Parkinson’s disease may make people feel exhausted and make it difficult to concentrate. This can make everyday tasks more challenging.

Many people with Parkinson’s disease (PD) experience fatigue. Motor symptoms can make it difficult and tiring to carry out everyday tasks. PD medications may also cause drowsiness. Problems with sleep and depression are also common in PD, which may contribute to fatigue.

With PD fatigue, people may feel mentally or physically exhausted but not sleepy. People may have difficulty concentrating and low energy, productivity, motivation, or desire to socialize.

This article looks at fatigue with PD, symptoms and causes, treatments, and sleeping tips.

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Parkinson’s fatigue feels like extreme tiredness that makes carrying out regular, daily activities difficult. People may experience physical or mental tiredness or both.

Fatigue is not the same as the tiredness people may feel after a long day of work, and it is not the same as feeling sleepy. People with fatigue may find it difficult to sleep.

With Parkinson’s fatigue, people may experience:

  • difficulty concentrating
  • reduced stamina
  • problems with memory
  • productivity issues
  • loss of energy or motivation for social situations
  • anxiety
  • depression

Sometimes, fatigue does not ease with rest, and people may feel they lack energy or feel run down.

Although fatigue is common with PD, experts are still unsure of the exact cause. It may be due to a combination of factors, such as:

  • Physical changes: Changes in the brain that cause the motor symptoms of PD may also contribute to fatigue, although the severity of PD symptoms may not link to the severity of fatigue.
  • Medications: Certain PD medications may contribute to fatigue. Dopamine agonists may cause fatigue and daytime sleepiness.
  • Sedentary lifestyle: A lack of physical activity may increase fatigue.
  • Akinesia: Akinesia is the inability to move the muscles voluntarily, which can be tiring, as it requires more effort to carry out everyday activities.
  • Muscle fatigue: Muscle stiffness and tremor can fatigue the muscles. A lack of muscle movement can also reduce muscle strength and stamina.
  • Activity levels and mobility: People’s mobility may change throughout the day with PD, depending on when someone takes their medication. Moving may be tiring, and excess activity during periods of better mobility may lead to fatigue.
  • Sleep disorders: People with PD may experience sleep issues, leading to fatigue or daytime sleepiness.
  • Depression: At least half of people may experience depression at some point with PD, which can cause fatigue.

Read more about depression and PD.

If people experience fatigue, they can talk with a doctor. A doctor can carry out a physical exam and any medical tests to check for other health issues that may be causing fatigue, such as:

Resolving any underlying issues may help treat fatigue. If there are no other identifiable causes, the following strategies may help to ease Parkinson’s fatigue:

  • Medication changes: People can talk with a doctor to see if PD medications may be causing fatigue. A doctor may reduce a dosage while ensuring the medication still controls motor symptoms.
  • Exercise: Getting daily physical activity and exercising for at least 2.5 hours per week may help relieve fatigue. Exercise also helps to strengthen muscles, which may improve stamina and reduce fatigue.
  • Plan activity around periods of better mobility: People may find it easier to move after taking their medication, so planning activities around this may help reduce fatigue. Pacing activity and allowing rest periods may help prevent fatigue from excess activity.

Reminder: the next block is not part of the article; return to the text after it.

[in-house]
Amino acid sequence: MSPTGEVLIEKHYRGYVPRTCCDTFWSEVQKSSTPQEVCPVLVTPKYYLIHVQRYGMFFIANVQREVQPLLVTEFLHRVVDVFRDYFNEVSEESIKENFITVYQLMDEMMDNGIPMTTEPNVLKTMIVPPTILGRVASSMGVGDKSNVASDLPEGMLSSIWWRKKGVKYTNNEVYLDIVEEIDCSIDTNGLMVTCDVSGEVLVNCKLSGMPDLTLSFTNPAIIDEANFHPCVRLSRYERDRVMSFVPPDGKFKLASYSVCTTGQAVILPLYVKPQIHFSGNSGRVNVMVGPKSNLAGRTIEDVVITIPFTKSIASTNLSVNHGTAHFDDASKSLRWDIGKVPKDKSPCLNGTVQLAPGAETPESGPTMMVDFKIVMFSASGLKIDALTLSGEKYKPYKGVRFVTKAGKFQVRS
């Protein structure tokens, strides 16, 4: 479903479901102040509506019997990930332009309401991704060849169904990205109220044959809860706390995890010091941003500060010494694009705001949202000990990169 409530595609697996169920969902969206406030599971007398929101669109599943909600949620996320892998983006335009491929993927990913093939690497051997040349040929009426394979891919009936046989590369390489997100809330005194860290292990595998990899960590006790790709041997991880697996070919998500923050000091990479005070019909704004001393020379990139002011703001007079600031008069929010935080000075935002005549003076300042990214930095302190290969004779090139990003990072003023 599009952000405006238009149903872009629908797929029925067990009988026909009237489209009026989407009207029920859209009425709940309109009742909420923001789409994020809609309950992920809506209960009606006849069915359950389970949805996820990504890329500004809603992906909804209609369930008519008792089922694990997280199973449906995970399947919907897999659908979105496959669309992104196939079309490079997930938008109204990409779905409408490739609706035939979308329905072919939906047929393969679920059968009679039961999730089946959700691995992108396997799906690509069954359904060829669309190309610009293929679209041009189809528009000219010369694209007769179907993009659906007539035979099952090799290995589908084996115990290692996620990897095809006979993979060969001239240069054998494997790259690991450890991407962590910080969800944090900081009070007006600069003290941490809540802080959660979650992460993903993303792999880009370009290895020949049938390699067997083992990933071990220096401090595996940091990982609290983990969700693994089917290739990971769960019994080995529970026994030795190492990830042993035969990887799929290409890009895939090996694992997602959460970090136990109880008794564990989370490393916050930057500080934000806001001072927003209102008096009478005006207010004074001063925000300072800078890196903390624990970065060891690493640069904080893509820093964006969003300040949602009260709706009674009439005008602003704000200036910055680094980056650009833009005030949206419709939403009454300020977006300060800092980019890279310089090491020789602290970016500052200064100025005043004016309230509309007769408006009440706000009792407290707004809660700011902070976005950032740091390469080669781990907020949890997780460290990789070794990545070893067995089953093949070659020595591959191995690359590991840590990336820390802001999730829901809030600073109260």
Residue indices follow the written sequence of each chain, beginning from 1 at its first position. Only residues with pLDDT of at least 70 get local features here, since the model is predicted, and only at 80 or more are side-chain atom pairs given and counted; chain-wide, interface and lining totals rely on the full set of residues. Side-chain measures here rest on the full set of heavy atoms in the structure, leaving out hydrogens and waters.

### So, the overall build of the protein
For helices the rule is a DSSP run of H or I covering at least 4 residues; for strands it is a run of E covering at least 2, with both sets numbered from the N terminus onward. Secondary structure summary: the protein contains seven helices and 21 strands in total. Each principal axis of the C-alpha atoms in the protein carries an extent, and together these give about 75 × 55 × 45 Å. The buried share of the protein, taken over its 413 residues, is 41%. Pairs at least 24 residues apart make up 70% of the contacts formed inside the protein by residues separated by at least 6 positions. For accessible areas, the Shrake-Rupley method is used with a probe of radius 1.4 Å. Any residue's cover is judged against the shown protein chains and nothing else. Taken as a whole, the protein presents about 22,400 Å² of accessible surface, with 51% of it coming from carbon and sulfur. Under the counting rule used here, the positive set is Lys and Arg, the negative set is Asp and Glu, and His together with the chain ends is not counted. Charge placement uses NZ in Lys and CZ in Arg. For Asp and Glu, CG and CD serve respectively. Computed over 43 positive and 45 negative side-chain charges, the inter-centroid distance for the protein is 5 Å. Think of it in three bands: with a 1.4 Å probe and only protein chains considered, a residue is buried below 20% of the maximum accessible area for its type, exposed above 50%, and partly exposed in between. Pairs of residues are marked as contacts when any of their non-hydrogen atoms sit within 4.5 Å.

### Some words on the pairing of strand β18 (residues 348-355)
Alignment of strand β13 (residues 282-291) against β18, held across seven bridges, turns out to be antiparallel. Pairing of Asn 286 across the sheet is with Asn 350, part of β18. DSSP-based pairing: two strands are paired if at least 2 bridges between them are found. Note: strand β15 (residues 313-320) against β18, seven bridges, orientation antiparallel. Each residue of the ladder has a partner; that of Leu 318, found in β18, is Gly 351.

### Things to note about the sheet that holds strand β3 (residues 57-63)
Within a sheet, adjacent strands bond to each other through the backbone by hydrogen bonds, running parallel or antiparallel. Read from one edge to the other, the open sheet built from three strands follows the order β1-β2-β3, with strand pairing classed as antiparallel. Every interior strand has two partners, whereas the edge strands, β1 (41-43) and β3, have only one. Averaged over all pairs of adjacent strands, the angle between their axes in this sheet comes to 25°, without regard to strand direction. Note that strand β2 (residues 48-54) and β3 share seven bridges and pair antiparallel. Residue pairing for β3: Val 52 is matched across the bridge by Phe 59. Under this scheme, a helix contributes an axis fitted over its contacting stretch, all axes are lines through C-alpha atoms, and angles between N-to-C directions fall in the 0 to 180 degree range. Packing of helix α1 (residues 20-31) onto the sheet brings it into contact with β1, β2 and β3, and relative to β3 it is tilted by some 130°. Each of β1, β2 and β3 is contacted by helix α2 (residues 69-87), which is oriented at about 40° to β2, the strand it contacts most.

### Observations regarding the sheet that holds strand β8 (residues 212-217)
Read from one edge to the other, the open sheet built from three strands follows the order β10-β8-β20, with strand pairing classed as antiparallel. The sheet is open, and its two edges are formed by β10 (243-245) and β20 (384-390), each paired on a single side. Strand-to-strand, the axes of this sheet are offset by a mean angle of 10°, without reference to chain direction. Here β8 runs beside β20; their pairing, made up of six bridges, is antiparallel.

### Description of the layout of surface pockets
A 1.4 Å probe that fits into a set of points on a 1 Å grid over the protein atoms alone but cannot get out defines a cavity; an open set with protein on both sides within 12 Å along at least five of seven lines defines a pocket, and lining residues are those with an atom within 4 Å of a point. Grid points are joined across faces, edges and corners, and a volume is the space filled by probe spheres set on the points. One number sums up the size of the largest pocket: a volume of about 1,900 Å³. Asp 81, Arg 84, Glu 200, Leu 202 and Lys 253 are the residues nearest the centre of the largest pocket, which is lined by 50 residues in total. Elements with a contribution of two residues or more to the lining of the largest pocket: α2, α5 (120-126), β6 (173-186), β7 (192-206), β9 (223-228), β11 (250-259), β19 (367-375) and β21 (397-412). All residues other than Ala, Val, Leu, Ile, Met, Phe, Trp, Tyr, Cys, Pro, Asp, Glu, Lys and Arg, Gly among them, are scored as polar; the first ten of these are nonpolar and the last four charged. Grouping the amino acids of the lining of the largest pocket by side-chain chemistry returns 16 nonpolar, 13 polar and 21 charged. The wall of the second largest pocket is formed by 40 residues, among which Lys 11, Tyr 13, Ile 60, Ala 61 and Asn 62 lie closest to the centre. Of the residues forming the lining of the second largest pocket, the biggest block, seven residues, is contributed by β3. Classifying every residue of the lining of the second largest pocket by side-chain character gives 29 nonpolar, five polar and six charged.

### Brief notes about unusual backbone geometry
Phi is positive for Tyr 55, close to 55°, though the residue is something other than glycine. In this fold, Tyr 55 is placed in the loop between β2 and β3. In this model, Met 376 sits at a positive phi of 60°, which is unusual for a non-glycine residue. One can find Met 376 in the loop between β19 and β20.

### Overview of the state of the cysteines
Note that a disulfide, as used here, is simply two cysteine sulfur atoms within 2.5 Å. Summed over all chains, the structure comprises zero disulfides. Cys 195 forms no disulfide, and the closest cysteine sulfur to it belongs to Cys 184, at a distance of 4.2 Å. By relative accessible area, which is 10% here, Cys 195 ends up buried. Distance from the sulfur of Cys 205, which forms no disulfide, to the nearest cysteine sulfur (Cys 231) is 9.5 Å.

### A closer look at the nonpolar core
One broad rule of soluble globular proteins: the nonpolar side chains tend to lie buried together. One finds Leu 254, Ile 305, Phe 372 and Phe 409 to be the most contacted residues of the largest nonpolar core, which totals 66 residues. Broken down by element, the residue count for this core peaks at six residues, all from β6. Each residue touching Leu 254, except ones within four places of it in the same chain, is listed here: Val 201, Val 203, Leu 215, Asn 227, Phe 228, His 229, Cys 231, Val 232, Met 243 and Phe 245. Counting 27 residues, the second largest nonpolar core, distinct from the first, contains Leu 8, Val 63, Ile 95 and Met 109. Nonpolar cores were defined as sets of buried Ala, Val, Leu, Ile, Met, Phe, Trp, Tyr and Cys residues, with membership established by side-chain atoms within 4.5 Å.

• Treating depression and anxiety: Treating any mental health issues may help treat fatigue. People can discuss treatments, such as counseling and medications, with a doctor.

Ensuring good quality sleep may help ease fatigue and make people feel better. The following tips may help to improve sleep with PD:

  • keeping to a regular sleep schedule every day by getting up and going to bed at similar times
  • creating a bedtime routine to wind down around an hour before sleep, which includes turning off electronic devices and focusing on calming activities, such as taking a warm bath
  • avoiding any activities other than sleep and intimacy in the bed, as this helps teach the body to sleep when in bed
  • avoiding napping too close to bedtime, as it may disrupt sleep
  • avoiding caffeine and alcohol in the afternoon or evening, as it can impair sleep
  • avoiding strenuous exercise late in the evening, as it may make it harder to fall asleep
  • limiting fluid intake before bed, as it may increase the need to get up during the night to use the bathroom

If people are still having sleep difficulties, they can talk with a doctor about other treatments, such as medications, to help with sleep.

Does Parkinson’s fatigue go away?

If fatigue occurs with PD, it usually develops within the first few years of the condition and does not usually go away, but it can come and go. Various strategies can help treat and manage fatigue and improve quality of life.

What is the fatigue severity scale for Parkinson’s?

The Parkinson Fatigue Scale, or PFS-16, is a questionnaire to measure the severity of fatigue with PD. There are 16 questions people answer, which produces a score between 1 and 5 for each answer.

The average score for the questionnaire shows the level of fatigue. A person may have fatigue if the score is above 3.3.

Fatigue can be common with PD and may occur due to motor symptoms, medications, sleep issues, or depression.

Getting regular exercise, following good sleep habits, and treating any mental health issues may improve a person’s energy levels.

People can also talk with a doctor to discuss altering medication and to check for any other causes of fatigue.